4. Experience is catching up with the ‘shock and awe’ of the Digital ‘fireburst’ or ‘gooogleisation’ we’ve been living through since the 1990s. In the corporate landscape, ‘strategy by FOMO’ has dominated for so long now, it’s hard to see if it can ever be dislodged, unless except by ‘ESG FOMO’ which we’re going to see even more of in the year of COP 26. It’s really not surprising that Regulatory activity is starting in earnest now with the recent EU proposed legislation on AI that effectively puts an end to ‘AI in the wild’. It’s also noteworthy that the UK’s ICO has made the use of AI one of its top three strategic priorities. 
  5. In Life and Health Insurance, as ever, we have some of our own special ‘flavours’ of issue to put into the mix: for way too much of the landscape for Life and Health products, the underlying data (for cover and pricing) isn’t trustworthy because it’s out-of-date: the Institute  and Faculty of Actuaries-convened research project to update Diabetes data is the latest example. There are also very live debates on the quality of lead generation, especially in Life Insurance. 
  6. It is obvious, isn’t it, that WHAT you do with that data through your firm’s underwriting philosophy really matters: you can essentially punish the customer with mental health issues for being in a programme of help by applying a higher loading – or not. There is no standard approach, it’s not even discussed that openly. Where’s the transparency for the Customer? Where’s the analysis to back up that decision? When was the last time that ‘model’ was interrogated? How long does a loading on the individual last – forever, regardless of their succeeding in achieving a state of mental health? And, where precisely is the human oversight in all of this?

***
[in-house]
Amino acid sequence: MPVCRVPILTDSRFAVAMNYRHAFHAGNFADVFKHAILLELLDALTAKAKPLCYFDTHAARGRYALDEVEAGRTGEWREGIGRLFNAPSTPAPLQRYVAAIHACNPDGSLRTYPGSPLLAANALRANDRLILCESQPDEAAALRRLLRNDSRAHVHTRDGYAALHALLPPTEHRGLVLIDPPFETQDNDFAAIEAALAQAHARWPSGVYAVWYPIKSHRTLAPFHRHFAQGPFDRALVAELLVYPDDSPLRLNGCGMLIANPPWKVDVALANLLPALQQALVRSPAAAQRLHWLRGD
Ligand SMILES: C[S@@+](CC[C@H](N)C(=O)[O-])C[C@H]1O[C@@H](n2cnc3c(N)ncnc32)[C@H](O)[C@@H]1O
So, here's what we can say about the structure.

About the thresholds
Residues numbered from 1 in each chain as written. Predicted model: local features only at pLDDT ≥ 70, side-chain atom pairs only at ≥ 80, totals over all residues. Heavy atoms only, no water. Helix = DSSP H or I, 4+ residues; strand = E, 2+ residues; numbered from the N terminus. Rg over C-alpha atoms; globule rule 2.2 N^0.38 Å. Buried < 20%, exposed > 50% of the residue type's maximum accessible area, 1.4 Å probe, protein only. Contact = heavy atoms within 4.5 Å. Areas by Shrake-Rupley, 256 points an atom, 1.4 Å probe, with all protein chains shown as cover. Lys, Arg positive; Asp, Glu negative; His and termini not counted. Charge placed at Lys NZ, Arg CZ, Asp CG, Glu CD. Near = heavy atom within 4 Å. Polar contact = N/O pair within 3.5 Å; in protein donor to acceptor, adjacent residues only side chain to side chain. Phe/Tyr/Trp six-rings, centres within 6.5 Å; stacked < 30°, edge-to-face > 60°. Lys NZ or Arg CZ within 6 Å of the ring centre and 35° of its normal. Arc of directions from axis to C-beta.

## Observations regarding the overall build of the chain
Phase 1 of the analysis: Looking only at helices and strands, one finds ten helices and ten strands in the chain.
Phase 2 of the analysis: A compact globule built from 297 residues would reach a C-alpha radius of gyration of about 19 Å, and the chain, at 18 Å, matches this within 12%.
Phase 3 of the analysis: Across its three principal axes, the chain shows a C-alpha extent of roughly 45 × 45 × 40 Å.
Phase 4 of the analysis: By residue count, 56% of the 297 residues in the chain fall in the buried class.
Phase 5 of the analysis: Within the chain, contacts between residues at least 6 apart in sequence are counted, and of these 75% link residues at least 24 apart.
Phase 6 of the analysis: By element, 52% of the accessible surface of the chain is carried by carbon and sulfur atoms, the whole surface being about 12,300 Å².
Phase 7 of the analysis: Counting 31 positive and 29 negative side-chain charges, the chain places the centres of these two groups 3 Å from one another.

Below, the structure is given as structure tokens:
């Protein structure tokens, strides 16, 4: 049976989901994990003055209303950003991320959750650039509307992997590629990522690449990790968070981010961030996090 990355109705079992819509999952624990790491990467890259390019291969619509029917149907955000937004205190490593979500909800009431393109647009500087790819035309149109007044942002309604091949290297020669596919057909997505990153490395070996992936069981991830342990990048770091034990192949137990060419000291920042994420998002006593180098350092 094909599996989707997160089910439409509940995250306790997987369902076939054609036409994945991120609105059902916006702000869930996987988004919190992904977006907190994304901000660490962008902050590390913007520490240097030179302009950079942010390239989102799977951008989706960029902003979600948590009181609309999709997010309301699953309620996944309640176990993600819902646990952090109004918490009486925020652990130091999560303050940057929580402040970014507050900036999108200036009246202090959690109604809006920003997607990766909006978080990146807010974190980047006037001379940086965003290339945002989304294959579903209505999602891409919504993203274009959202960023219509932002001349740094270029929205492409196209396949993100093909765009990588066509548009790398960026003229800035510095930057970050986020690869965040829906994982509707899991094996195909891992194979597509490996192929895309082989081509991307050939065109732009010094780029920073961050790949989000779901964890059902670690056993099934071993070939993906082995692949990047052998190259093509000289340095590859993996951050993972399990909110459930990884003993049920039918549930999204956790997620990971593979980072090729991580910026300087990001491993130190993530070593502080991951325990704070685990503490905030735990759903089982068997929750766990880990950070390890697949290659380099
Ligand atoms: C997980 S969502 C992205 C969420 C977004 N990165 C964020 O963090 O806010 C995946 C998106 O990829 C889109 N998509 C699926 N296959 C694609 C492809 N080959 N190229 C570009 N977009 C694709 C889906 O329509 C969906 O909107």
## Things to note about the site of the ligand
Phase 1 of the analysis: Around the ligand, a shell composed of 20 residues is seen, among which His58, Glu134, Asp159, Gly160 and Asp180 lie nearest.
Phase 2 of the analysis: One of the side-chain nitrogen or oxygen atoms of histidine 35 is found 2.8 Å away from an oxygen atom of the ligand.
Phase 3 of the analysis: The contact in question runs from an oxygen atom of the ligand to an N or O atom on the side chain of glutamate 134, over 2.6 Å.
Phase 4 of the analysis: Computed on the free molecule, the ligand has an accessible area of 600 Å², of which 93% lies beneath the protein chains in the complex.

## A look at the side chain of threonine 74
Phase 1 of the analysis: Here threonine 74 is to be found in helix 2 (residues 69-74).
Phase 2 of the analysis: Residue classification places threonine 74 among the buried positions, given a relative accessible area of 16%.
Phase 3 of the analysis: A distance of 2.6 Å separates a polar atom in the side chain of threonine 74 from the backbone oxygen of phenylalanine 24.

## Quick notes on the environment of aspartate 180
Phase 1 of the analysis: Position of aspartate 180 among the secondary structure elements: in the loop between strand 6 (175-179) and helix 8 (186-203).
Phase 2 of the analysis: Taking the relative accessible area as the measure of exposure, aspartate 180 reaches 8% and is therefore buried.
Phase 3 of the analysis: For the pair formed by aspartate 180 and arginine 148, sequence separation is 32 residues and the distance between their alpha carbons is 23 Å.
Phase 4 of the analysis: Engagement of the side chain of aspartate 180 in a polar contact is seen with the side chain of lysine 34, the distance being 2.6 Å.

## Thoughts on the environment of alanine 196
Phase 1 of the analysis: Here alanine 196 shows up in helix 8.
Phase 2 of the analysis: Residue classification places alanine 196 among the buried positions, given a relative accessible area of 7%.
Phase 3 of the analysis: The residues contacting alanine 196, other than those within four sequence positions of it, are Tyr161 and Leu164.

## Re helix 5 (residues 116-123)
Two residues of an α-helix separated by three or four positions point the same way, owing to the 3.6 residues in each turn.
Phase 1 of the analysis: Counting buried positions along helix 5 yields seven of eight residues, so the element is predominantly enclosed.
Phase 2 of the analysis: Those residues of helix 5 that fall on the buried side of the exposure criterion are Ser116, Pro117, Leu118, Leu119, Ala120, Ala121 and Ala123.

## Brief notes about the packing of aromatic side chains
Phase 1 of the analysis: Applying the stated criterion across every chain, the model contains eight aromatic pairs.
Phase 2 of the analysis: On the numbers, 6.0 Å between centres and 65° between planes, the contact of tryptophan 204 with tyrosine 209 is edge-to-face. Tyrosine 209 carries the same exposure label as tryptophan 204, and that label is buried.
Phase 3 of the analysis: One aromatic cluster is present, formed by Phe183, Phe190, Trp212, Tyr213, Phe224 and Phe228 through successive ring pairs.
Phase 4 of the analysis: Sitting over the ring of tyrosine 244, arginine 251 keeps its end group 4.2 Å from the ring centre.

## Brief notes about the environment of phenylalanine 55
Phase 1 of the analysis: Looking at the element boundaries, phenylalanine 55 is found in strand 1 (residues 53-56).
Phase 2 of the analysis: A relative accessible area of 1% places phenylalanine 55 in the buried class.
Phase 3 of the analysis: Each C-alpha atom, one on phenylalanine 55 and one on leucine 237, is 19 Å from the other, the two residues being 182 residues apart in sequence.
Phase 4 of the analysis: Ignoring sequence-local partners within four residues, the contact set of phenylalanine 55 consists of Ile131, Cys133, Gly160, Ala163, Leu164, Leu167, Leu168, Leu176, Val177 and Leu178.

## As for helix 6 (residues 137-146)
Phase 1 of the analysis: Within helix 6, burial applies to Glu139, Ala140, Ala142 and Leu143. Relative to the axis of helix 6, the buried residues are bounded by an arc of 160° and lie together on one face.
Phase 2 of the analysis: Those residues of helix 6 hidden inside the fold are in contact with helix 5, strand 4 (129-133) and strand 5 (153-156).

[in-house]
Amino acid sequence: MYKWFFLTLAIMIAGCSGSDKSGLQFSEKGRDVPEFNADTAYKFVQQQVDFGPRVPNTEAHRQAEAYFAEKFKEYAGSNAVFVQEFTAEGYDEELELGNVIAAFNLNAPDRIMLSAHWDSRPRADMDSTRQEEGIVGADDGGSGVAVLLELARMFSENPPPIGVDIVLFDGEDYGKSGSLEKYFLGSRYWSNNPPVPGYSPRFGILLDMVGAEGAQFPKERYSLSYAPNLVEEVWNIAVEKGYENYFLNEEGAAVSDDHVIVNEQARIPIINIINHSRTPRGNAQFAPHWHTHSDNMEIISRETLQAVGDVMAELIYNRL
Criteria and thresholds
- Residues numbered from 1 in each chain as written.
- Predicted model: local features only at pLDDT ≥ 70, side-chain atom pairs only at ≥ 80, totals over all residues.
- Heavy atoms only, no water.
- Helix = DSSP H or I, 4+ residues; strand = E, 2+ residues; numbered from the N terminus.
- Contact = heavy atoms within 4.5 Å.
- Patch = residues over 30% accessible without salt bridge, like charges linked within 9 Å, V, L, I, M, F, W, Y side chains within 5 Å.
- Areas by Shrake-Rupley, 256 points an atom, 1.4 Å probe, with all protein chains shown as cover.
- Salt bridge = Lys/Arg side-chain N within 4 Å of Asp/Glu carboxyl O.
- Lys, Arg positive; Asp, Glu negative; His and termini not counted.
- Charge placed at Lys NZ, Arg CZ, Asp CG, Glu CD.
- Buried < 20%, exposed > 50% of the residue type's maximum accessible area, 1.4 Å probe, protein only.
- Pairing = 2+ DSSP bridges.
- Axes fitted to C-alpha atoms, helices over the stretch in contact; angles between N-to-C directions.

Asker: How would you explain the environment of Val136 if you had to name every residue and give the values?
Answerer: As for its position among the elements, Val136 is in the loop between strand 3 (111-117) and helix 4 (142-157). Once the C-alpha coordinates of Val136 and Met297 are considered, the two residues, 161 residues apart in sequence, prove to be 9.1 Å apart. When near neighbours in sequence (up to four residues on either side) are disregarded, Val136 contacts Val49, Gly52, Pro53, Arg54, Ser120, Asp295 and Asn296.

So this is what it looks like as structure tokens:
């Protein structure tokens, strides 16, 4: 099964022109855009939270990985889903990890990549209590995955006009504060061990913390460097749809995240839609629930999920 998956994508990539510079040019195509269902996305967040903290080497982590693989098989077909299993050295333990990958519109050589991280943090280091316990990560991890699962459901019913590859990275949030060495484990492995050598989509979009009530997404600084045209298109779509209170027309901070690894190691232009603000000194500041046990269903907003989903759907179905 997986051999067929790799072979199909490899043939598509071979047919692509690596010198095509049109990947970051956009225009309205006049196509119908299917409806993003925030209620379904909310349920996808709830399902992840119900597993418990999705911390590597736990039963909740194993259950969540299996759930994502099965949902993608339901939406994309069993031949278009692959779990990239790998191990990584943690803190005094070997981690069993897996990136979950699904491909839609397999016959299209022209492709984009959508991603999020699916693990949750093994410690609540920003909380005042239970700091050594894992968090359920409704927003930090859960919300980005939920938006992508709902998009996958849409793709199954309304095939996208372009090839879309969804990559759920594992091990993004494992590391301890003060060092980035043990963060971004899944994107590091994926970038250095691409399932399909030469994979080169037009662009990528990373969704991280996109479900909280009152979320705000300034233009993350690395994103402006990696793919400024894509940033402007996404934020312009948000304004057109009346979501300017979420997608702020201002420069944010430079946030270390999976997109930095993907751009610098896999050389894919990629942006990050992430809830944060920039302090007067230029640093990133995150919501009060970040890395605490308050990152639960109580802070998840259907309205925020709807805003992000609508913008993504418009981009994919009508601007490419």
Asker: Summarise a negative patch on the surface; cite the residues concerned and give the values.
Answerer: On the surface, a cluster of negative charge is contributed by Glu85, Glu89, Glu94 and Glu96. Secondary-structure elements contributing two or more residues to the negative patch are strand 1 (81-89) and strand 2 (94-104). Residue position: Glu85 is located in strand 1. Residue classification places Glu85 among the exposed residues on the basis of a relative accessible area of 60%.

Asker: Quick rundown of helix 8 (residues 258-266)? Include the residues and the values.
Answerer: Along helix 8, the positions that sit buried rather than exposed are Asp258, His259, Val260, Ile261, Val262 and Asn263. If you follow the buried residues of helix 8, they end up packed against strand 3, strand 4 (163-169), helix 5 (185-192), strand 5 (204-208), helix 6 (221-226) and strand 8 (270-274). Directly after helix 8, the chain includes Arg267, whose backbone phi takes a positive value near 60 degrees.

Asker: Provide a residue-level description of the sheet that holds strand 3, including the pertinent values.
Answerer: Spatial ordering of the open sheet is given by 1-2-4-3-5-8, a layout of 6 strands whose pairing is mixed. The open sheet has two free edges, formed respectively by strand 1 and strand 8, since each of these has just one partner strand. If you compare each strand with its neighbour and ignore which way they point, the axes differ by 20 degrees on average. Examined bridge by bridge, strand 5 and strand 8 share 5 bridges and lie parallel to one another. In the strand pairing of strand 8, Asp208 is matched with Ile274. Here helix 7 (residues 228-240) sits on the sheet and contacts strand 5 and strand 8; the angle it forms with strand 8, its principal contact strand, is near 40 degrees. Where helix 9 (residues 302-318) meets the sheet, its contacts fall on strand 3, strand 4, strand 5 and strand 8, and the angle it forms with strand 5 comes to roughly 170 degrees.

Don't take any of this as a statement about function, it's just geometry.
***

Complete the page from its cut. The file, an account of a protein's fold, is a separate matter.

7. And finally, there’s an even more fundamental question here for everyone in Insurance whatever the specialty: what’s the end destination for Insurance in a world of personalisation and hyper-personalisation? How do we describe what we do: for some it’s ‘cross-subsidy’, for others ‘risk pooling’, for yet others it’s being compelled to be responsible for ‘Vulnerable’ customers (whatever that means) when all they’re interested in is their chosen customer segment. I subscribe to the view that to be human is to be vulnerable in many ways, and at many times in our lives, personally and professionally. I believe that Insurance is a social necessity and that if it did not exist, it would need to be invented. There is no such thing as one group of people who are destined to be ‘Vulnerable’ and then the larger group who are not, forever and unchangingly. Misfortune, accident and catastrophe are undiscriminating, respecting neither geography, income bracket or digital-savviness. People’s close acquaintance with Vulnerability as a result of Covid-19, adds a new dimension and urgency to the unresolved debates of What is Insurance for? Why are we – and what does that mean for our business models, our colleagues and our customers? What does ‘Fair’ and ‘Fair Value in the Digital Age’ mean in the 2020s?